Deciding What You Want

What you want to tune your motorcycle to do depends on how you intend to use it.  For casual riders, the default settings are usually good enough.  It gives a good balance of speed, control, and fuel efficiency.  Nothing is spectacular, but nothing is really being sacrificed either.

If you’re using your bike for racing, you’ll definitely want more horsepower out of it.  You can also tune it to give you tighter turning and better acceleration, though these kinds of settings can make the bike more dangerous for inexperienced riders.  If you do a lot of off-road biking, more horsepower is also a good idea.  It can help you get over the occasional hills and dips you’ll run into.

For riding around town, especially if you’re looking to save gas money, tuning for fuel efficiency is a great option.  If you don’t care about speed and power – and on the smooth roads of most cities, power really isn’t a need – you can adjust the engine to be highly fuel efficient and save yourself a lot of money.  You can also tune the engine to be quieter so you don’t disturb your neighbors as much, which I’m sure they’ll appreciate.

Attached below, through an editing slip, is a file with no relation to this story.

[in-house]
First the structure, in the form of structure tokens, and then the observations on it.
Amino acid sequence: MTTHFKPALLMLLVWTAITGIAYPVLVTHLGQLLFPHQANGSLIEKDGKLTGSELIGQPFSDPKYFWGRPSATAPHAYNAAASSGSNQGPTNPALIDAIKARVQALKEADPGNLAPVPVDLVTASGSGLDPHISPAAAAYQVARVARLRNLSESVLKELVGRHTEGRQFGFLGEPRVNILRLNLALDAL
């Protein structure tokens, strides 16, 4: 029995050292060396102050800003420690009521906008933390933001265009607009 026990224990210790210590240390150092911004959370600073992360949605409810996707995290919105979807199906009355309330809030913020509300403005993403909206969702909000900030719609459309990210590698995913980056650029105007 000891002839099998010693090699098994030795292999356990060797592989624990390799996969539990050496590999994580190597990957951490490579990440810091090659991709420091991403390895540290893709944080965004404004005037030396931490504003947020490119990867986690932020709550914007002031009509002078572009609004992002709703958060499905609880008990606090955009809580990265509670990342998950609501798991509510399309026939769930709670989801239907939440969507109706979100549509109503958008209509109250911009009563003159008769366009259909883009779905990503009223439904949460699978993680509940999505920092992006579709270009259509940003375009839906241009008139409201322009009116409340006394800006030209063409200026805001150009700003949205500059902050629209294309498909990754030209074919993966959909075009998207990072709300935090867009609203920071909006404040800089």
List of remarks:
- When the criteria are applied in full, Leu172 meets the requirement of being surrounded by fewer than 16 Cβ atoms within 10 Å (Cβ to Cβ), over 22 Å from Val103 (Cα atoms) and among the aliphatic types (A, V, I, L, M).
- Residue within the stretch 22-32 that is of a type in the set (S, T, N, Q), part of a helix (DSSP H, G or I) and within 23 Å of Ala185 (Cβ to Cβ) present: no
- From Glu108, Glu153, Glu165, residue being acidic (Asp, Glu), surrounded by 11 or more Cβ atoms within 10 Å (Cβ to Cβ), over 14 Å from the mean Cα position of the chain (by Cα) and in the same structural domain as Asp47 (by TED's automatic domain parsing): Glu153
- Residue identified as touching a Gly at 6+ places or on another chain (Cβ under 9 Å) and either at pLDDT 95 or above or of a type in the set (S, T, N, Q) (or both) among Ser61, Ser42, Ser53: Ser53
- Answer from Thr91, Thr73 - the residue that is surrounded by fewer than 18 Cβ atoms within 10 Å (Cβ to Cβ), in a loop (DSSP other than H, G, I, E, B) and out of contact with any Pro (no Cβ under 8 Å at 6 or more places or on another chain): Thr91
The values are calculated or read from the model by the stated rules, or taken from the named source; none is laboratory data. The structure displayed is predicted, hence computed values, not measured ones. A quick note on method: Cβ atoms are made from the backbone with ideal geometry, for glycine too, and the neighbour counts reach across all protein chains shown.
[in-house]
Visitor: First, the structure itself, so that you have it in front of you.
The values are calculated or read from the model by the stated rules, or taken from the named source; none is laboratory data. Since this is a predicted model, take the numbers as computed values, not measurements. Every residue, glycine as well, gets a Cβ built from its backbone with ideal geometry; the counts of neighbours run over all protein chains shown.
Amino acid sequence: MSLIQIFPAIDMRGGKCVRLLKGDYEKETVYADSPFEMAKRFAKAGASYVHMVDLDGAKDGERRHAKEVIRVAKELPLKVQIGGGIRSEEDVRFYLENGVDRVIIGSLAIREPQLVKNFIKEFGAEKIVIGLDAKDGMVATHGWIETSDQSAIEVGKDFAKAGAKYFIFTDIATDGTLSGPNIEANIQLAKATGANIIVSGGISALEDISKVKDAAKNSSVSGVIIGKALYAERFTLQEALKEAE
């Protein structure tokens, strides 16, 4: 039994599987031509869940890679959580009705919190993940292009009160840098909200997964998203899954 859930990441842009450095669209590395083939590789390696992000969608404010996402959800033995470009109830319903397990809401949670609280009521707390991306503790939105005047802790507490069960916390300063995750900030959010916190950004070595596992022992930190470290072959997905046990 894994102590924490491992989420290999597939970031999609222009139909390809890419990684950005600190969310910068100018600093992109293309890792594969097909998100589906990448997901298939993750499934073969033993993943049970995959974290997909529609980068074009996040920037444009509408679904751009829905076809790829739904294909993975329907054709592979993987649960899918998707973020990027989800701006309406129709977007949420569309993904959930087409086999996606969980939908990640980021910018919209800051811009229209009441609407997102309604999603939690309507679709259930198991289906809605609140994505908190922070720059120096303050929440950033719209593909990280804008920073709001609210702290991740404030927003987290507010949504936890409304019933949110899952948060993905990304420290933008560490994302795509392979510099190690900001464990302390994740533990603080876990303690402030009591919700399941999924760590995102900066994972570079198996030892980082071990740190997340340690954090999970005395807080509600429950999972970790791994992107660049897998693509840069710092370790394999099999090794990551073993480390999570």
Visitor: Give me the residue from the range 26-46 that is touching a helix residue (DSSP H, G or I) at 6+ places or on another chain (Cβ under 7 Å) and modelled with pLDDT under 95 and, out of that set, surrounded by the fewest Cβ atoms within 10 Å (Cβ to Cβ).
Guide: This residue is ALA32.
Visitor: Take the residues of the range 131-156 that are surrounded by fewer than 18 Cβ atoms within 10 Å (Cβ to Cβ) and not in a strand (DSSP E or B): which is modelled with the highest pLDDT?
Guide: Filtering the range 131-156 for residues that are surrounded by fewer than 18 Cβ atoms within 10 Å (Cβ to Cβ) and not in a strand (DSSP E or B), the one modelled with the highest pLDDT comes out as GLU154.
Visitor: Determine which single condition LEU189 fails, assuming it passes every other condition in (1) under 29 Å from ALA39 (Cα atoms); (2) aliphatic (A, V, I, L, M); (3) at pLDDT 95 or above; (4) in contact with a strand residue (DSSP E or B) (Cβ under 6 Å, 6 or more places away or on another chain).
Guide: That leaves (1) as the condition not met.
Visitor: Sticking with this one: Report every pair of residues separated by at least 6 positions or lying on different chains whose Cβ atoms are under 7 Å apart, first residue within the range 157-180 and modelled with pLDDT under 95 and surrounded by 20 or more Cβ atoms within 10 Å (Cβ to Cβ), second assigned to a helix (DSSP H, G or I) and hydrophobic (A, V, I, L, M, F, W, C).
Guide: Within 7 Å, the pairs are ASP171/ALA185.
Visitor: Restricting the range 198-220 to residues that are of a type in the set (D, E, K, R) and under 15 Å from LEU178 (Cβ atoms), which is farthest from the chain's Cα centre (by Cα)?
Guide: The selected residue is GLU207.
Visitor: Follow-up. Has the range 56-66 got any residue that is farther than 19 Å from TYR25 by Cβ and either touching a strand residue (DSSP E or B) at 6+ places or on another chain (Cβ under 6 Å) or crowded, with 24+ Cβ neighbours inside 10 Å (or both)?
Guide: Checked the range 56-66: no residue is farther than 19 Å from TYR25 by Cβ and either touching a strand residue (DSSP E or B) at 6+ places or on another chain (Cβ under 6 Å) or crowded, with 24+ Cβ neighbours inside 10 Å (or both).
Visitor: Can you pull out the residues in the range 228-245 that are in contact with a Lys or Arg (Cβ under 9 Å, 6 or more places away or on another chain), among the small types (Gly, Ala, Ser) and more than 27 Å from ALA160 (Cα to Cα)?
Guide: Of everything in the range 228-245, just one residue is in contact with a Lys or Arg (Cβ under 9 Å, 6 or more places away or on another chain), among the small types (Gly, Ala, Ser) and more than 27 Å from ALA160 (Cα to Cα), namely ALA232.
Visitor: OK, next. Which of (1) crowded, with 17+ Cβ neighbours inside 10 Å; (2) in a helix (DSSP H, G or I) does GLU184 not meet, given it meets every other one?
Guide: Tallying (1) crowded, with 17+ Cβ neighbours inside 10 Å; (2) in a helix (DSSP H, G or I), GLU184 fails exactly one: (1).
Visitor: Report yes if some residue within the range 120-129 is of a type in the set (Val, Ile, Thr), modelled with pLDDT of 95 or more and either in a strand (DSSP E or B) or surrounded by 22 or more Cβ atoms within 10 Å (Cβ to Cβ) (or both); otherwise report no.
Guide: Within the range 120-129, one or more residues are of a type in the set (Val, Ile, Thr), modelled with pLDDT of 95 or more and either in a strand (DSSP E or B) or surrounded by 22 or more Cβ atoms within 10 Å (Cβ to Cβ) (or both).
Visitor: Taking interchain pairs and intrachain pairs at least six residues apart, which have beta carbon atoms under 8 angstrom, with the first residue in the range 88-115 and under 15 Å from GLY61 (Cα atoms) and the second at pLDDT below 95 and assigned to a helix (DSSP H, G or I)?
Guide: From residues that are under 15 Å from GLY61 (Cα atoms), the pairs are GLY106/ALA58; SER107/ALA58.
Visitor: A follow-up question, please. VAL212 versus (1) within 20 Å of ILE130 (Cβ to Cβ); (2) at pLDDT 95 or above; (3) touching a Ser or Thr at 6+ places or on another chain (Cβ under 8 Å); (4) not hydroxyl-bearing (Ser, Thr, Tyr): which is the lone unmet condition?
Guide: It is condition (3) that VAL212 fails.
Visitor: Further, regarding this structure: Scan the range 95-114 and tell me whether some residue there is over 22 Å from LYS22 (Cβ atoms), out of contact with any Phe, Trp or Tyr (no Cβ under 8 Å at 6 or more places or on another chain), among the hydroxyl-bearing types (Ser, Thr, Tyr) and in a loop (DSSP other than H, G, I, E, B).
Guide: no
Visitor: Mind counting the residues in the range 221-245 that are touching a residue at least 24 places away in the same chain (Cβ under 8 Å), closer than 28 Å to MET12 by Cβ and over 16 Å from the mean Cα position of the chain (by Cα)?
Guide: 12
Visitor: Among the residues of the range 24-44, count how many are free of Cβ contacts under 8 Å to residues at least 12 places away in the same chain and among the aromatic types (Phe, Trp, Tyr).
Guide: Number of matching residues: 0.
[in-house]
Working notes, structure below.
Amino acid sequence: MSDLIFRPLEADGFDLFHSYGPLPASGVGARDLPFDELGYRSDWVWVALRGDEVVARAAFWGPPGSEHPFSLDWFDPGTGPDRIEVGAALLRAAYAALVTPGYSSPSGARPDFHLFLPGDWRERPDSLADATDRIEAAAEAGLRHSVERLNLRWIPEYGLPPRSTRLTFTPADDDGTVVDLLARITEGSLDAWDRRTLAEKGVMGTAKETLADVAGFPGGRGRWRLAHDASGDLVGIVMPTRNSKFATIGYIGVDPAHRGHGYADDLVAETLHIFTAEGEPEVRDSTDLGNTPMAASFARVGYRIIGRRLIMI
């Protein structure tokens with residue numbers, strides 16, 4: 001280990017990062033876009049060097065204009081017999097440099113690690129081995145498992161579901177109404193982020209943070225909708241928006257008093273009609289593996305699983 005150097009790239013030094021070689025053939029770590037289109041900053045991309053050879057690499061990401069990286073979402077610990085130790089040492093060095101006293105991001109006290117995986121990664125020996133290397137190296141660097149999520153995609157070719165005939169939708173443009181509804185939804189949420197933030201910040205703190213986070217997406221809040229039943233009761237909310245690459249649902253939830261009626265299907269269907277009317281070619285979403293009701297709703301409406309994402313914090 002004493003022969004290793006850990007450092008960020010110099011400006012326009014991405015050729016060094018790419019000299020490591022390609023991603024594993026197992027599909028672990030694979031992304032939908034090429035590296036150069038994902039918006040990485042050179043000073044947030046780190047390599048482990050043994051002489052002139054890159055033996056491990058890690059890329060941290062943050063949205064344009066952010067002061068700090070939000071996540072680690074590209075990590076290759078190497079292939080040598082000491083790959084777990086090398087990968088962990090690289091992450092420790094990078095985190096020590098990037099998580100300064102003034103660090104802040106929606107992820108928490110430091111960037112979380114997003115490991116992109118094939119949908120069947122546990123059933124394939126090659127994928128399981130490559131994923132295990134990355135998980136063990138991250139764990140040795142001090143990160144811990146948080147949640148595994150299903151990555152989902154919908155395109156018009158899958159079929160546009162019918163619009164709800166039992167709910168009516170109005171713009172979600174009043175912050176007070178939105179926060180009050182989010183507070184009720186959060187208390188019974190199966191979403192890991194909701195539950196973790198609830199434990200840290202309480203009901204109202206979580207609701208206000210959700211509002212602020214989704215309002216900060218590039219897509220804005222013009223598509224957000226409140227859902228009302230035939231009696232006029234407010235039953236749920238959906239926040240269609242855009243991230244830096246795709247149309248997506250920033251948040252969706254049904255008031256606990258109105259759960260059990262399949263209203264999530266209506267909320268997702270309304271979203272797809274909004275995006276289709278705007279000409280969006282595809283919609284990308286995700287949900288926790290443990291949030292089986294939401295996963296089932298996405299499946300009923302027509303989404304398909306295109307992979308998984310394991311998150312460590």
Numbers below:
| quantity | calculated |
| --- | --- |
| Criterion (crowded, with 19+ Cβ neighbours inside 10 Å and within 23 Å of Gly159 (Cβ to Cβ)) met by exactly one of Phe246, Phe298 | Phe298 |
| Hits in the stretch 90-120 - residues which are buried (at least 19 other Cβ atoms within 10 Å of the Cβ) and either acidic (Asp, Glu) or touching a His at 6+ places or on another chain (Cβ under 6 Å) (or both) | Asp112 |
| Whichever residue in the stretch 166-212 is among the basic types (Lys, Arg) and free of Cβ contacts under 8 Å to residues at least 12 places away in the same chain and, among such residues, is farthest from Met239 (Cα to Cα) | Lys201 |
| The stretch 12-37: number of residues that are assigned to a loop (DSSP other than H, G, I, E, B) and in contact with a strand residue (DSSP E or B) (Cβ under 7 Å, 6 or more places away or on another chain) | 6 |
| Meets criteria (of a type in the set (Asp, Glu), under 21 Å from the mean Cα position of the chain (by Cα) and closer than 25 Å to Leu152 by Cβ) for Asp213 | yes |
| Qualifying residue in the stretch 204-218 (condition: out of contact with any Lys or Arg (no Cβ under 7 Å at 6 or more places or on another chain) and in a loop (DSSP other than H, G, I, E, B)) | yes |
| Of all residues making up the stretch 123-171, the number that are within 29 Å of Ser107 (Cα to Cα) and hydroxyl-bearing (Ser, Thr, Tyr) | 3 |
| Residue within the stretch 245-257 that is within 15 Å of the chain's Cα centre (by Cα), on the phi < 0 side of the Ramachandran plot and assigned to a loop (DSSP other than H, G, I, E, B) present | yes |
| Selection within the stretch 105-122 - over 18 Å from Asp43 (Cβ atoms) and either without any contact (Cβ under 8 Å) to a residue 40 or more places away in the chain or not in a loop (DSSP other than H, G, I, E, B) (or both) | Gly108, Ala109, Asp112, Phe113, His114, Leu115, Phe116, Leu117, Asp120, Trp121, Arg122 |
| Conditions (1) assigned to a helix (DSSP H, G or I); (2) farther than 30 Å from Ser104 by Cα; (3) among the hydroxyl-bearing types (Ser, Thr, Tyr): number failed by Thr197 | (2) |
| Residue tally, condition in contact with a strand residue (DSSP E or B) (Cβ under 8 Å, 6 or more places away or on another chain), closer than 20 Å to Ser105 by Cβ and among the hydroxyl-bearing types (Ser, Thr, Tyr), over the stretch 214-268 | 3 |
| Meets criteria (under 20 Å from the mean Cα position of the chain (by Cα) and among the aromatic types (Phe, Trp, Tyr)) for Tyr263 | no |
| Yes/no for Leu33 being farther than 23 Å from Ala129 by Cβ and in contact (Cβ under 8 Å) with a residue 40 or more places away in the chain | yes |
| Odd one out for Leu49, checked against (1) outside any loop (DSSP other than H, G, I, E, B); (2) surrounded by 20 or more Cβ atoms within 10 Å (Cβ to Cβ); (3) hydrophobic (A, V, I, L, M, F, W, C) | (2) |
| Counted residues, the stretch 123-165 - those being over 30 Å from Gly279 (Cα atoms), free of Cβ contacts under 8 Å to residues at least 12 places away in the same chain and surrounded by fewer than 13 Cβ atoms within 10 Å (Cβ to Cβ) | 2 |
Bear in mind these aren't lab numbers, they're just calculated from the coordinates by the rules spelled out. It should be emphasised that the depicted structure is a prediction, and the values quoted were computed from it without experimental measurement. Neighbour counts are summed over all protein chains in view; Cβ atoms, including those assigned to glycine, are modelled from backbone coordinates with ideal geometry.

In general, it’s a good idea to know what you want out of your bike before you ask someone to tune it.


We Can Help

SE Performance                  Here at SE Performance, we have a real passion for motorcycles.  While we work on vehicles of all kinds, motorcycles have always been a favorite.  We have years of experience with them.  We know the ins and outs of fine tuning to help you get the most out of your machine.  If you’re looking for some fine tuning, or just need to make sure your motorcycle is up to standard, come and see us.  Get in touch with us today and schedule an appointment.  See how we can help you get your machine running just the way you want it to.

Washing Your Motorcycle

Riding Time for Cache Valley!


Photo by Sourav Mishra